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post #1 of 21 Old 04-03-2009, 05:33 PM Thread Starter
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Question Questions for the Auto Techs

My 04 Tahoe LT (Z motor) was filled with nitrogen and had new tires installed. MY question is does the nitrogen throw off the TPMS? Every time i start the truck i get the message service the montering system, or somethng to that affect. Is this something i have to take to a dealer to fix or can i do it my self.



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post #2 of 21 Old 04-03-2009, 05:44 PM
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Quote:
Originally Posted by camarodb View Post
My 04 Tahoe LT (Z motor) was filled with nitrogen and had new tires installed. MY question is does the nitrogen throw off the TPMS? Every time i start the truck i get the message service the montering system, or somethng to that affect. Is this something i have to take to a dealer to fix or can i do it my self.
There's probably a reset procedure for when you change the tires, similar to the reset after every oil change where you have to depress the acceleretor 3X to start the 'oil life' counter.

I'll see what I can dig up and get back to you.

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post #3 of 21 Old 04-03-2009, 07:02 PM
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This would have nothing to do with nitrogen-filled tires.

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post #4 of 21 Old 04-03-2009, 10:35 PM
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Nitrogen is lighter, but the pressure should read the same...

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post #5 of 21 Old 04-04-2009, 09:03 AM
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From my understanding, you get free refills from the place you got the nitrogen fill from, but what if you need to put more nitrogen in your tires and you're on a road trip? Are you going to have to pay the closest "nitrogen-filling station" to put a few pumps in?

Is this new fad really worth the hassle?

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post #6 of 21 Old 04-04-2009, 09:07 AM
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Don't forget that normal "air" is almost entirely nitrogen anyhow...
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post #7 of 21 Old 04-04-2009, 06:05 PM Thread Starter
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Quote:
Originally Posted by demonspeed View Post
From my understanding, you get free refills from the place you got the nitrogen fill from, but what if you need to put more nitrogen in your tires and you're on a road trip? Are you going to have to pay the closest "nitrogen-filling station" to put a few pumps in?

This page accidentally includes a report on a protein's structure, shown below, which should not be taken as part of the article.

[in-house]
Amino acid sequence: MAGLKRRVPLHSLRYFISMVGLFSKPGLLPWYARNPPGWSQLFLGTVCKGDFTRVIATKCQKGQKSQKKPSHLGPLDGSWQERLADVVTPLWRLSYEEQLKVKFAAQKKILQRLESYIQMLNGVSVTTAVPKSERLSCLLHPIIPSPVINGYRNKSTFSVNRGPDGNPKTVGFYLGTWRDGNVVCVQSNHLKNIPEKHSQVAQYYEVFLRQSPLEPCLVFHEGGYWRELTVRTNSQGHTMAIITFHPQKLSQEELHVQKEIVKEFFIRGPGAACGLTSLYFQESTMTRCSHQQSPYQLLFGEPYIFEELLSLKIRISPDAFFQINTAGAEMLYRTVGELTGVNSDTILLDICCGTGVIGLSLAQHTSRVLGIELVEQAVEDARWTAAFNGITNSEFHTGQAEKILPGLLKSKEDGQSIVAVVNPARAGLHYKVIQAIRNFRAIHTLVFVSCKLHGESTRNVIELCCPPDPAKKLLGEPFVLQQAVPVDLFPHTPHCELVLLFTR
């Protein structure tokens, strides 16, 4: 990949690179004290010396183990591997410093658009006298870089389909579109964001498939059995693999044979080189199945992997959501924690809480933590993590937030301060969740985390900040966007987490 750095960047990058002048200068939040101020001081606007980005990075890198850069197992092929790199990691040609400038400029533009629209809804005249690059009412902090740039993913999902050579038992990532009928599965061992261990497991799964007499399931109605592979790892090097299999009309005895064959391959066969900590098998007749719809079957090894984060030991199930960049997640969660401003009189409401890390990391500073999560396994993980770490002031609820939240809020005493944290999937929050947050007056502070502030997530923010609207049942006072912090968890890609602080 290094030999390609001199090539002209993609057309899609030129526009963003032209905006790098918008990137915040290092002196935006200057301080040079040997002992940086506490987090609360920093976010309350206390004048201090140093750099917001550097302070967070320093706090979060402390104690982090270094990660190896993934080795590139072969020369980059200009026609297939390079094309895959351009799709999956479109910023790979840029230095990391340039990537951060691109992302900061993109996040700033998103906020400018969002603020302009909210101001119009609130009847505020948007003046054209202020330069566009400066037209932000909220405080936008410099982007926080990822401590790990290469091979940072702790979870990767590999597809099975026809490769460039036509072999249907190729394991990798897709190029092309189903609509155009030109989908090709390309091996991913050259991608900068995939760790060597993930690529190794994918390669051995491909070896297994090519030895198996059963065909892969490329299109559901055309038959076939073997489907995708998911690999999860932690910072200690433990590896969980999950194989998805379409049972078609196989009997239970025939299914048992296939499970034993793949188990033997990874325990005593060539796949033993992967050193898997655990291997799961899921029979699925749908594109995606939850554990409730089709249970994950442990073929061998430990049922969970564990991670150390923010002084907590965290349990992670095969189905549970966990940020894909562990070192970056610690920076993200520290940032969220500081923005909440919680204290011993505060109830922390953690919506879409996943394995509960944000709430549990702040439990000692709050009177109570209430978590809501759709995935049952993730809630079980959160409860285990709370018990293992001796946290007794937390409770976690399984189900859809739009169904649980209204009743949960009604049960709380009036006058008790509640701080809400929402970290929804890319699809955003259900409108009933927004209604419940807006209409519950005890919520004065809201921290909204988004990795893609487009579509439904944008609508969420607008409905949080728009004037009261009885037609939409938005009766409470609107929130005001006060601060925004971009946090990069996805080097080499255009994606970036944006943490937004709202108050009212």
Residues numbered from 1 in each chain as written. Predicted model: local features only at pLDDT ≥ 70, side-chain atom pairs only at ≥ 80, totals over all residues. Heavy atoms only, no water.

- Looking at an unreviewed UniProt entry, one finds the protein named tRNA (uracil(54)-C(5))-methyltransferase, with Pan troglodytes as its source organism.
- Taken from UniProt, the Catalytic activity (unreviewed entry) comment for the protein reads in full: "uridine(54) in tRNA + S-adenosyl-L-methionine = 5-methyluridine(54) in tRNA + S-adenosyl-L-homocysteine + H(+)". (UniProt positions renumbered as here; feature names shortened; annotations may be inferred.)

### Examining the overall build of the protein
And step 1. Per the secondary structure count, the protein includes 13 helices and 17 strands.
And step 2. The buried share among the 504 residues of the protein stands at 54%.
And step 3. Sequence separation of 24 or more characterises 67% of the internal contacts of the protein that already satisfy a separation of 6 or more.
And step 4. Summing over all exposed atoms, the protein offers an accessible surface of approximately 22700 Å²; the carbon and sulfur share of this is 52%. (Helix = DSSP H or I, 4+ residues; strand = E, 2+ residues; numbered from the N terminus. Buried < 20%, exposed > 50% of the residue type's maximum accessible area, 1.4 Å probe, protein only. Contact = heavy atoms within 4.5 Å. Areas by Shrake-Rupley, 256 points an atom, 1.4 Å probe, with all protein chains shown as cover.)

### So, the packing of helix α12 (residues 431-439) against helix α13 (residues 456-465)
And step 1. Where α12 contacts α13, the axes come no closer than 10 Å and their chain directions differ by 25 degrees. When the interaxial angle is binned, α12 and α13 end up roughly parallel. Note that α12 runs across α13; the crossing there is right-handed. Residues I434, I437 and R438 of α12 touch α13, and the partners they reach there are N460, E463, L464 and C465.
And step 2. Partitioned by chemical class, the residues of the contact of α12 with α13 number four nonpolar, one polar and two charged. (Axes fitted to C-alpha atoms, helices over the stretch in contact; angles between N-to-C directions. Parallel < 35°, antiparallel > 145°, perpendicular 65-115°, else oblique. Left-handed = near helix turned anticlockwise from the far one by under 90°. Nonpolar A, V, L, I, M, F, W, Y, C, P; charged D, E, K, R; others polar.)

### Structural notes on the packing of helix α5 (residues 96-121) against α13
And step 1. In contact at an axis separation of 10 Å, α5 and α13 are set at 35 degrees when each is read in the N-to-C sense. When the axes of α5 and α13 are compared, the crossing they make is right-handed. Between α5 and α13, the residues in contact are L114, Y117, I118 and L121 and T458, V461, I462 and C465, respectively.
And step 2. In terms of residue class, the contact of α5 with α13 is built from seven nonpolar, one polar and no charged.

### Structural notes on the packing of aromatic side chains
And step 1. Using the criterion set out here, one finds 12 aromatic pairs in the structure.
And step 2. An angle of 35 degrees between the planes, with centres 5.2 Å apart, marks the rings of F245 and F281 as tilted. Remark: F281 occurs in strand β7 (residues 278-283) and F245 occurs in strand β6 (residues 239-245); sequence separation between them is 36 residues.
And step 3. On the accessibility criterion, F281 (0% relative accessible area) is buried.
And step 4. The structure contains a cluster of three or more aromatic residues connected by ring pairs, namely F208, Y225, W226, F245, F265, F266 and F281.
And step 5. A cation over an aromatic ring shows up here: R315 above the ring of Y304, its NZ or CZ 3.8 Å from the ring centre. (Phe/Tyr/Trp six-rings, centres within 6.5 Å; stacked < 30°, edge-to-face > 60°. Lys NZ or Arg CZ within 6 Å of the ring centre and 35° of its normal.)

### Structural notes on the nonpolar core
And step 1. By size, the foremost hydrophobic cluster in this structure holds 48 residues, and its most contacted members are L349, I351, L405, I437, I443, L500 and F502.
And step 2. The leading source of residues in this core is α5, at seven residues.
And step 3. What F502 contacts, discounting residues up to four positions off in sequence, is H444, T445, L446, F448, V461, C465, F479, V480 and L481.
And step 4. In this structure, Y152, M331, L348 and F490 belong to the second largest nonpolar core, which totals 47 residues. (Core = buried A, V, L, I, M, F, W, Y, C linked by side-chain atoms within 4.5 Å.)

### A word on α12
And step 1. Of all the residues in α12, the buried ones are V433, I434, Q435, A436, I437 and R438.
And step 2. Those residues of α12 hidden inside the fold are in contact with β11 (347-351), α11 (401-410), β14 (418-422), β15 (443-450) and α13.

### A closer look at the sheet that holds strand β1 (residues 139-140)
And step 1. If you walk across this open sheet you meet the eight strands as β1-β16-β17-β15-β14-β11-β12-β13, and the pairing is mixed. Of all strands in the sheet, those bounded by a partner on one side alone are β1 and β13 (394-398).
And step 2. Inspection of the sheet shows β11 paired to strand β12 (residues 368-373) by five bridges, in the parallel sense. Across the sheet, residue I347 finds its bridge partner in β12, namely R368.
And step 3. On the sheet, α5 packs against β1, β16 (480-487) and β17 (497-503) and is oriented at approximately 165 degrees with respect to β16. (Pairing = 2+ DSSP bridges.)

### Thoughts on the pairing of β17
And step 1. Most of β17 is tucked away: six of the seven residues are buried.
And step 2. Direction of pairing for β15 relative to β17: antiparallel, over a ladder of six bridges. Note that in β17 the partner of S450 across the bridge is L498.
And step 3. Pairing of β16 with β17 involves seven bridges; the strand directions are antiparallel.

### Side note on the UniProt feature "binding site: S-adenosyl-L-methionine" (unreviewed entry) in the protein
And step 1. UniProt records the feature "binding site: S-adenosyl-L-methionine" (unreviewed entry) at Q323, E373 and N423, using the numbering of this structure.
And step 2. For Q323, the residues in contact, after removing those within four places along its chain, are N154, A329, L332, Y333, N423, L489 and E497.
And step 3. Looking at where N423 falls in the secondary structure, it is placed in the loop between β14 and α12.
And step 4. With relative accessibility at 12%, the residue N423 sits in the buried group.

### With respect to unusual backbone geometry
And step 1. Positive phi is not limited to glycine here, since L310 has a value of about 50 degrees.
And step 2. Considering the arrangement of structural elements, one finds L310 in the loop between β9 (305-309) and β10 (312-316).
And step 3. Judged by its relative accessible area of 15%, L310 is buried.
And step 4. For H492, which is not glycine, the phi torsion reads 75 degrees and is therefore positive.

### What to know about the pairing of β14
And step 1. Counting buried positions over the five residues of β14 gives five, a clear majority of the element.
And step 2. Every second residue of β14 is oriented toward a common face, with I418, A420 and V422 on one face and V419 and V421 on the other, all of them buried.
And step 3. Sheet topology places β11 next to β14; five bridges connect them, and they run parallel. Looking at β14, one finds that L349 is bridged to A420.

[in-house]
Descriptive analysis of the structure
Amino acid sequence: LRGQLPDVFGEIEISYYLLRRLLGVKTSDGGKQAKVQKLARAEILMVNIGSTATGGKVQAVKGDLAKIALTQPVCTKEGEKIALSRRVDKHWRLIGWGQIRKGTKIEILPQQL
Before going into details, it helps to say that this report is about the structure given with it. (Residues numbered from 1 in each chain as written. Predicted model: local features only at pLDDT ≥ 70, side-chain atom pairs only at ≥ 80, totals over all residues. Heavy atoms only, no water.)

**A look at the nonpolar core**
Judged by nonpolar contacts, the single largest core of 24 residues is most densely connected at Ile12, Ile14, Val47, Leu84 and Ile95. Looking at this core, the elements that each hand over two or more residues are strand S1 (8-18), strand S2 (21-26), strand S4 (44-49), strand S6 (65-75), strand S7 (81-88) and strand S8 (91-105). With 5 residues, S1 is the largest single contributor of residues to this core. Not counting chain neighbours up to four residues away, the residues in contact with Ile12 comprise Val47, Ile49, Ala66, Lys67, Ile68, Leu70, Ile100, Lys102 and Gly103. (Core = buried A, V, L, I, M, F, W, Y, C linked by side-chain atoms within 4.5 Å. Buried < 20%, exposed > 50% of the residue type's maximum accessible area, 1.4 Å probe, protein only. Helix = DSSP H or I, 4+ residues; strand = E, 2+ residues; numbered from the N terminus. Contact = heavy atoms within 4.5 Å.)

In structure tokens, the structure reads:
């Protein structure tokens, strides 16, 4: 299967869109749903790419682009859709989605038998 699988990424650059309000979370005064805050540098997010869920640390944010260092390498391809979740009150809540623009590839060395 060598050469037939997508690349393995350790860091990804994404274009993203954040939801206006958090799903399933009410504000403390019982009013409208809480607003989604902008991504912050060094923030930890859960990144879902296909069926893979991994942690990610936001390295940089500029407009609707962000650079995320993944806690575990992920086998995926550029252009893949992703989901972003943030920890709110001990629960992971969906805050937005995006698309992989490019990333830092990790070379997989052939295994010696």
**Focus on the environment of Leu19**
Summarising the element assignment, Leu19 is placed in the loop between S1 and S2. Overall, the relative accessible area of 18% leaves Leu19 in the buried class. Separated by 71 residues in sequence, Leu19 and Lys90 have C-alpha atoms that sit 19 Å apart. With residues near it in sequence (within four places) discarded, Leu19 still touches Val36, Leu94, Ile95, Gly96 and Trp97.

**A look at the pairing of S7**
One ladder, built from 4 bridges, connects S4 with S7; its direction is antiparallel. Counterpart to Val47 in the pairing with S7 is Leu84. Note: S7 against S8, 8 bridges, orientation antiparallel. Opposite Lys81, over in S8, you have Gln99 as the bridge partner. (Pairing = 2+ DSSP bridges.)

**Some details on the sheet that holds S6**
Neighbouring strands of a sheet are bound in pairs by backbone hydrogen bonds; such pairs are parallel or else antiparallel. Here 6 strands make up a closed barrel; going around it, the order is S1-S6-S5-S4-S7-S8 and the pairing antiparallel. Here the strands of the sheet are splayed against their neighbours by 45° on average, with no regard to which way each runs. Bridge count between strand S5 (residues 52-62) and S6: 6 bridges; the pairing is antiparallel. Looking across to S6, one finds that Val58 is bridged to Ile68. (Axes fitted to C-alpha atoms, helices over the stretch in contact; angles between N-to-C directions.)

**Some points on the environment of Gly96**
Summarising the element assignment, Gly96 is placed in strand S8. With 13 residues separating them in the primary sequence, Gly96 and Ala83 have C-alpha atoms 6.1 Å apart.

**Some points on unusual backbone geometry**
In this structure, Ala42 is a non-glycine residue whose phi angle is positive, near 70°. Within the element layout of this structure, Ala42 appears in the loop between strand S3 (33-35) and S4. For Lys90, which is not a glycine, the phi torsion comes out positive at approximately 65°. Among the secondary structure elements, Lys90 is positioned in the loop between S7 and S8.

Is this new fad really worth the hassle?
If i had my choice i would not have had it but the dealer would not let be get away with out it "it a mandatory thing we do" was what i was told. But from what i was told by a tire tech from tire kingdom you can just put air in and it wont affect it.



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post #8 of 21 Old 04-04-2009, 06:13 PM
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Quote:
Originally Posted by camarodb View Post
If i had my choice i would not have had it but the dealer would not let be get away with out it "it a mandatory thing we do" was what i was told. But from what i was told by a tire tech from tire kingdom you can just put air in and it wont affect it.
This is correct.
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post #9 of 21 Old 04-04-2009, 07:19 PM
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Quote:
Originally Posted by camarodb View Post
If i had my choice i would not have had it but the dealer would not let be get away with out it "it a mandatory thing we do" was what i was told. But from what i was told by a tire tech from tire kingdom you can just put air in and it wont affect it.
So, the point of putting the nitrogen in the tire in the first place would be?

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post #10 of 21 Old 04-04-2009, 07:39 PM
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Quote:
Originally Posted by demonspeed View Post
So, the point of putting the nitrogen in the tire in the first place would be?
Primarily, the objective is really either the elimination of water vapor for thermal stability purposes or the removal of an oxygen source for safety purposes, neither of which apply to the typical driver.

In a 10/10ths racing situation, knowing exactly how tire pressure will change as a function of tire temperature is sufficiently important to justify controlling the content of gas used to inflate the tires.

In aircraft, tires hold enormous quantities of gasses and effectively become oxygen sources in the event of a fire. Remember that what we generally call "fire" is typically "rapid oxydation" -- "rapid nitrogenation" is not much of a concern, you see...

There's a theoreticial advantage to filling your tires with nitrogen because it is less likely to cause degrdation of the insode of the tire or the contained surface of the wheel but this is kinda silly because the outside of the tire is exposed to "normal air" all the time! OK, so the inside might last a little longer but what does that really gain you???
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